With the Australian Open well under way and with a whole 11 months of tennis to look forward to, I thought it would be a good time to post about the sport that I have found most success at Betfair on, tennis trading. I have just listened to the podcast on Pro Trader Tip with Scott Ferguson from Sport is made for Betting. Even though I haven’t done much trading for a while mainly due to time constraints, it has got me all inspired to do get involved again.
The podcast is here: http://www.protradertip.com/x-traders-guide-week-22/ and it’s very helpful particularly for new tennis traders.
Tennis is great for inplay trading mainly because of the regular fluctuations in the prices of the two places during a match, giving multiple opportunities to come away from a match in profit. There’s also a lot of tennis matches every year (into the thousands) and there’s plenty of money circulating on the Betfair markets inplay.
Because of the volatility of the markets you have to be very careful because just as it’s easy to win money it similarly easy to lose and you can end up chasing your tail until you are massively red on both players. I would recommend watching the markets and paper trading or using A Geek Toy’s in test mode to see how well you can read the matches and markets before wasting any money.
When you do actually to decide to commit your own cash, I would start off putting a regular stake into the market at a time and make sure that this is something you are then able to put on the next match at least 10 and preferably 20 or more times over, should you lose on this one.
To trade Tennis effectively the following things are essential:
1) Historical Data
– A good source of past data is crucial e.g. for form info, head-to-heads and surface based results. On Court’s brilliant software (http://www.oncourt.info/
) is the best for this but there are also some good subscription based sites like tennis insight (http://www.tennisinsight.com/index2.php). For the more analytical trader who wants to see historical odds data try tennisdata (http://www.tennis-data.co.uk/
pre-match only) or Betfair Historical (http://data.betfair.com/
3) Up-to-date video feeds. A lot of matches are on Betfair video but a Sky Sports and Eurosport subscription is recommended. Whatever you do don’t press live pause on the sky plus by mistake and find yourself trading on old pictures! This is something I myself have done. Incredible I know but true.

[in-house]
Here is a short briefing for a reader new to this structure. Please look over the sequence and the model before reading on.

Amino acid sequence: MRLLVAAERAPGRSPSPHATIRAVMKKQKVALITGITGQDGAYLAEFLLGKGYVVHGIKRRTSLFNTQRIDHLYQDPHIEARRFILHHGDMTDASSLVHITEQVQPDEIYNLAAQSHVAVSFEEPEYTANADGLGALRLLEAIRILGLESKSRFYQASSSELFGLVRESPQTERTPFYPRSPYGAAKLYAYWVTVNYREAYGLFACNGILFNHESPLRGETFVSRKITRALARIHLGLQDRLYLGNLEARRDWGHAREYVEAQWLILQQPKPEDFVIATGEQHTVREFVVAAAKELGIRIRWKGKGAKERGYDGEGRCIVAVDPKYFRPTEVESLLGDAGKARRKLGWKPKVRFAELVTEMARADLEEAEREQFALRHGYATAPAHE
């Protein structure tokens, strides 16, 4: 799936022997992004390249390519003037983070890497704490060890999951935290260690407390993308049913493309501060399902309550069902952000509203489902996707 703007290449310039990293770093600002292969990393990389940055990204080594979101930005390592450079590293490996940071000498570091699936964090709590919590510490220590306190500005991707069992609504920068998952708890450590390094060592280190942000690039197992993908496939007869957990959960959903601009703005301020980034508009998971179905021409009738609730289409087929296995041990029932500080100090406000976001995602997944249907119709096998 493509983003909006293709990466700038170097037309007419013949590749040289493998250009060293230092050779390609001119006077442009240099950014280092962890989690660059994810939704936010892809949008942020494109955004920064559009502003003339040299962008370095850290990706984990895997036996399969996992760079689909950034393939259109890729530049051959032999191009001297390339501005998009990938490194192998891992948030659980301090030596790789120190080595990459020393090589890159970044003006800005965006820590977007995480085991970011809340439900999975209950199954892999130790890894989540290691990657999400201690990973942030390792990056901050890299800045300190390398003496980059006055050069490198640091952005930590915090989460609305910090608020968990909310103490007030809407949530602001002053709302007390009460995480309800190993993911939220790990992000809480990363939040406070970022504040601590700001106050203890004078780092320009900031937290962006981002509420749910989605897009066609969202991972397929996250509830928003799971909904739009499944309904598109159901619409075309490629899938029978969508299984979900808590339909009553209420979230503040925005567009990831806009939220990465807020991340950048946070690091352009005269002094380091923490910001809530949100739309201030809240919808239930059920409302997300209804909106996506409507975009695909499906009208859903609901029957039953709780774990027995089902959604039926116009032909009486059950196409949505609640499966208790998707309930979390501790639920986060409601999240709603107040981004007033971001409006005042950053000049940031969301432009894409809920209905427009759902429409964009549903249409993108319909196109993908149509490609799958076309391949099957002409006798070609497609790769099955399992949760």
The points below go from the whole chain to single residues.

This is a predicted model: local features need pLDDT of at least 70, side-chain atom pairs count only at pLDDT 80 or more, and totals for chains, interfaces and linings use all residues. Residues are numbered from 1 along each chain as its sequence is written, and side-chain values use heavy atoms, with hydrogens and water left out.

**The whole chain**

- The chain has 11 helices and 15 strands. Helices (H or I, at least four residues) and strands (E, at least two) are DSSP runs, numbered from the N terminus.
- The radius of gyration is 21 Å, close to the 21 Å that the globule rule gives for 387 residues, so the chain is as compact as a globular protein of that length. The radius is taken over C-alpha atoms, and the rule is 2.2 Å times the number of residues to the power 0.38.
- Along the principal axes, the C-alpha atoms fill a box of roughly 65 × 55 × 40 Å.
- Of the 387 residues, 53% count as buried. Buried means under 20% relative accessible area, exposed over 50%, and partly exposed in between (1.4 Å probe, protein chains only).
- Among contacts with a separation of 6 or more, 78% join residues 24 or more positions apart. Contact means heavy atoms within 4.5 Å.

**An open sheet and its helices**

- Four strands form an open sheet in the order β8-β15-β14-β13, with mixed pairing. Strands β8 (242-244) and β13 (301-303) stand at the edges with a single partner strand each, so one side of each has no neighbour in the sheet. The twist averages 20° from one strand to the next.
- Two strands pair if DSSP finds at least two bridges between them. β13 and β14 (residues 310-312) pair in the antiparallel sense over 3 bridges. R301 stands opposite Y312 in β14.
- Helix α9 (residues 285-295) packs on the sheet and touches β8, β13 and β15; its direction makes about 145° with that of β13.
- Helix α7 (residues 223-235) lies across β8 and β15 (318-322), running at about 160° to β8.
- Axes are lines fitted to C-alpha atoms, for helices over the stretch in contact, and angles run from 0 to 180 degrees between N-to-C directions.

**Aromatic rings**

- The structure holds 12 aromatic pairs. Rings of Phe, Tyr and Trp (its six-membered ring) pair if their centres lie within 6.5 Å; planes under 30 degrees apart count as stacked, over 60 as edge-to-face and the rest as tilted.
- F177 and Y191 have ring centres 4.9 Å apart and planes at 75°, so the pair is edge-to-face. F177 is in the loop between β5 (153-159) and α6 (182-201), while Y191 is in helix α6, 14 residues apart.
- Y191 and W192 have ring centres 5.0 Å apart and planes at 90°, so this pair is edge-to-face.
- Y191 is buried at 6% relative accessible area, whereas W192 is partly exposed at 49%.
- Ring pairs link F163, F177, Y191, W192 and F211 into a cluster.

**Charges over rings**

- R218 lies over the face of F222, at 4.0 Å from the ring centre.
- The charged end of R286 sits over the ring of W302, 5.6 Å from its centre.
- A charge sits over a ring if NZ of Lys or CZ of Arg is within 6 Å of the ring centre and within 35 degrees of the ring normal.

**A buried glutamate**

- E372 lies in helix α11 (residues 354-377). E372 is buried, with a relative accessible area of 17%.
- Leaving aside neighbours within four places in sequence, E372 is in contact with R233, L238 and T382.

4) Time – Plenty of time to dedicate to trading a match is important as tennis matches can go on for hours. Having a good set up with little distractions is also important for all types of trading. For me tennis trading is very enjoyable. Although the opportunities are there, you really have to enjoy doing it because it can take up a lot of your time.
My top tips for tennis trading are:
1) Specialise on either WTA or ATP. It is possible to trade both but it’s hard enough keeping track of just one of these and they also require different trading methods. It’s important to know how players perform on each surface. I specialise on WTA because the markets are more volatile and knowledge on players least widely known.
2) Have a Staking Plan – Put the same amount of money into the market each time. I would certainly do this to start with because it staking decisions are very difficult to make on the fly during a match. Overreactions, overconfidence and panic will take over but if you put 10 units into the market each time, this will enable you to stay disciplined and breed habit. At the very least have a max stake or maximum liability per match.
3) Back high, lay low. This old cliché is actually very good advice. Backing 1.02 with half a set remaining is unlikely to be value for any tennis player and leaves you with little manoeuvre to trade. Tennis is a sport in which momentum changes very quickly and due to the scoring system, a player can go from a seemingly winning position to a losing one in just a few minutes.
4) Trade Early – Make most of your trades (particularly entry points) in the first 2 thirds of the match. In a 3 set match I usually trade anywhere from the first couple of games to early on in the second set. There will usually be plenty of price movements here and should a trade go wrong you will still be able to get out at a decent price for not a huge loss. Starting trades late on in the second and possibly last set can leave you with very few options.